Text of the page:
Who will pay when the lawsuits begin? Some metro area attorneys say families of the I-35W bridge victims have approached them about filing lawsuits. Whether victims can obtain compensation will depend largely on which entity is found to be at fault for the bridge's failure.6:40 a.m.
Drought is straining trees in Minneapolis Despite recent rains, trees are still suffering from the drought in the region. MPR's Cathy Wurzer talked with the city forester from Minneapolis about how his department is trying to keep the trees healthy.7:50 a.m.
Meet the lyricist Meet Stephen Burt, our poet turned lyricist, who wrote the words for our Songs from Scratch project.7:55 a.m.
National Public Radio Stories
Greek Island of Crete Suffers Intense Heat, Drought
Scorching temperatures plagued Crete this summer, bringing wildfires, water shortages and electricity blackouts. It's a first-hand lesson in how a slight shift in weather patters can cause big problems, turning parts of the island into desert.
Further Under the Radar: More Books Not to Miss
In May, Seattle librarian Nancy Pearl pored through her shelves and pulled down several books that she said are read by a few but deserve wider attention. Well, there are more where they came from. Pearl is back with another armload of what she calls "under-the-radar" books.
A Former Navy SEAL Questions Rules of War
In June 2005, Marcus Luttrell and three of his fellow Navy SEALs set off on a mission in the mountains of Afghanistan. Luttrell's team was ambushed by the Taliban, leaving him the sole survivor. He says the rules of war often get in the way of success on the battlefield.
NASA Weighs Fixing Shuttle Endeavour's Tiles
NASA is trying to decide whether astronauts need to repair a small gash on the belly of space shuttle Endeavour. NASA says a piece of foam that fell off during the launch may be what is responsible for a small but deep cut in the craft's underbelly. Scientists are grappling with whether to repair the gash.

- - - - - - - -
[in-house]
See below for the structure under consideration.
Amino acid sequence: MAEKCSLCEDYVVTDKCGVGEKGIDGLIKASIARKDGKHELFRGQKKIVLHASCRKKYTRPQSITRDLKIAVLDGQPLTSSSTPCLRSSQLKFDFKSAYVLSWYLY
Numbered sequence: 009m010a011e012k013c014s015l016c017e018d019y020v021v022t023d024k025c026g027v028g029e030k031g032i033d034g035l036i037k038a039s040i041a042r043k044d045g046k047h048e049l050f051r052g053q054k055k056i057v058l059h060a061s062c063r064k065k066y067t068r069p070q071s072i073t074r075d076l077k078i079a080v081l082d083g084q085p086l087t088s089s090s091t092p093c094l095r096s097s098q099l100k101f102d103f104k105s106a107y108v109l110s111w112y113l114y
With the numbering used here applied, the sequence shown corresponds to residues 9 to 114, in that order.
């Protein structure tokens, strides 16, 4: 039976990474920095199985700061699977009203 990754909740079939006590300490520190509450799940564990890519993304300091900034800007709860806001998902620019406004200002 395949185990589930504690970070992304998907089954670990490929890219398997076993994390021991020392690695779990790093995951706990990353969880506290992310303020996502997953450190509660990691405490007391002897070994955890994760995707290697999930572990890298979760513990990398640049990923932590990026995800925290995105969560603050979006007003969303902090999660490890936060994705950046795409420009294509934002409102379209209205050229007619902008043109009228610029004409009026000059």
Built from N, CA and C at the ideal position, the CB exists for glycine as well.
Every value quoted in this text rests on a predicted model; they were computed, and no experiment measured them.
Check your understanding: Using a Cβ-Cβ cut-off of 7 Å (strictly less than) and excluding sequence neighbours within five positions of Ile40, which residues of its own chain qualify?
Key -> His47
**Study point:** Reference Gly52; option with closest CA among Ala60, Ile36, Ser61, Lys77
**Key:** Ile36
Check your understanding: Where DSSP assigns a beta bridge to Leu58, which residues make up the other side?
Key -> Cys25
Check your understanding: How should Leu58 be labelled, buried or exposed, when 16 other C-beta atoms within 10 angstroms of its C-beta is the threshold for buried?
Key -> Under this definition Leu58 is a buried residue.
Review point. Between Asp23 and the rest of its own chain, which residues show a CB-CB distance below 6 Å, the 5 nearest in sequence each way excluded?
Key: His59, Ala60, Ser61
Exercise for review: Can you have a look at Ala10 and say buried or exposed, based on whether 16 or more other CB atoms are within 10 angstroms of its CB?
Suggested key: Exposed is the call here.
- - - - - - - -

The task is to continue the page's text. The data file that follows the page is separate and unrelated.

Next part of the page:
Utah Mine Rescue Tests Hope
Rescuers at work for a week since six miners were trapped in a coal mine collapse in Utah still don't know the location or condition of the men. That is challenging the sense of hope in Huntington, Utah. They are set to drill a third hole into the mine.
Padilla Case Set for Closing Arguments
Closing arguments begin in the trial of Jose Padilla, who is charged with plotting to set off a radioactive dirty bomb in the U.S. But after the three-month trial, prosecutors have unfolded a case in which Padilla plays a marginal role.
Pakistan to Celebrate 60 Years of Independence
Carved out of what was once the "jewel in the crown" of the British Empire, colonial India was partitioned into an independent, Hindu-dominated India and an independent, Muslim-dominated Pakistan. Pakistan is often described as a key ally in America's war against terrorism.
Political Strategist Karl Rove Resigns
Karl Rove, President Bush's close friend and chief political strategist, plans to leave the White House at the end of August. A longtime member of Bush's inner circle, Rove was nicknamed "the architect" by the president for designing the strategy that twice won him the White House.
Merv Griffin Dies at 82
Entertainer and businessman Merv Griffin, who created two of TV's longest-running game shows — Jeopardy and Wheel of Fortune — died Sunday after a recurring bout with cancer. He was 82. He spent decades in front of the camera with the Merv Griffin Show.
Investors Hope for Interest Rate Cut
Wall Street starts the week focused on credit problems — there is a fear that credit woes could spread beyond banks to the overall economy. Major U.S. stock indexes ended last week higher, after the Federal Reserve injected $38 billion into the banking system. But investors say that's not enough.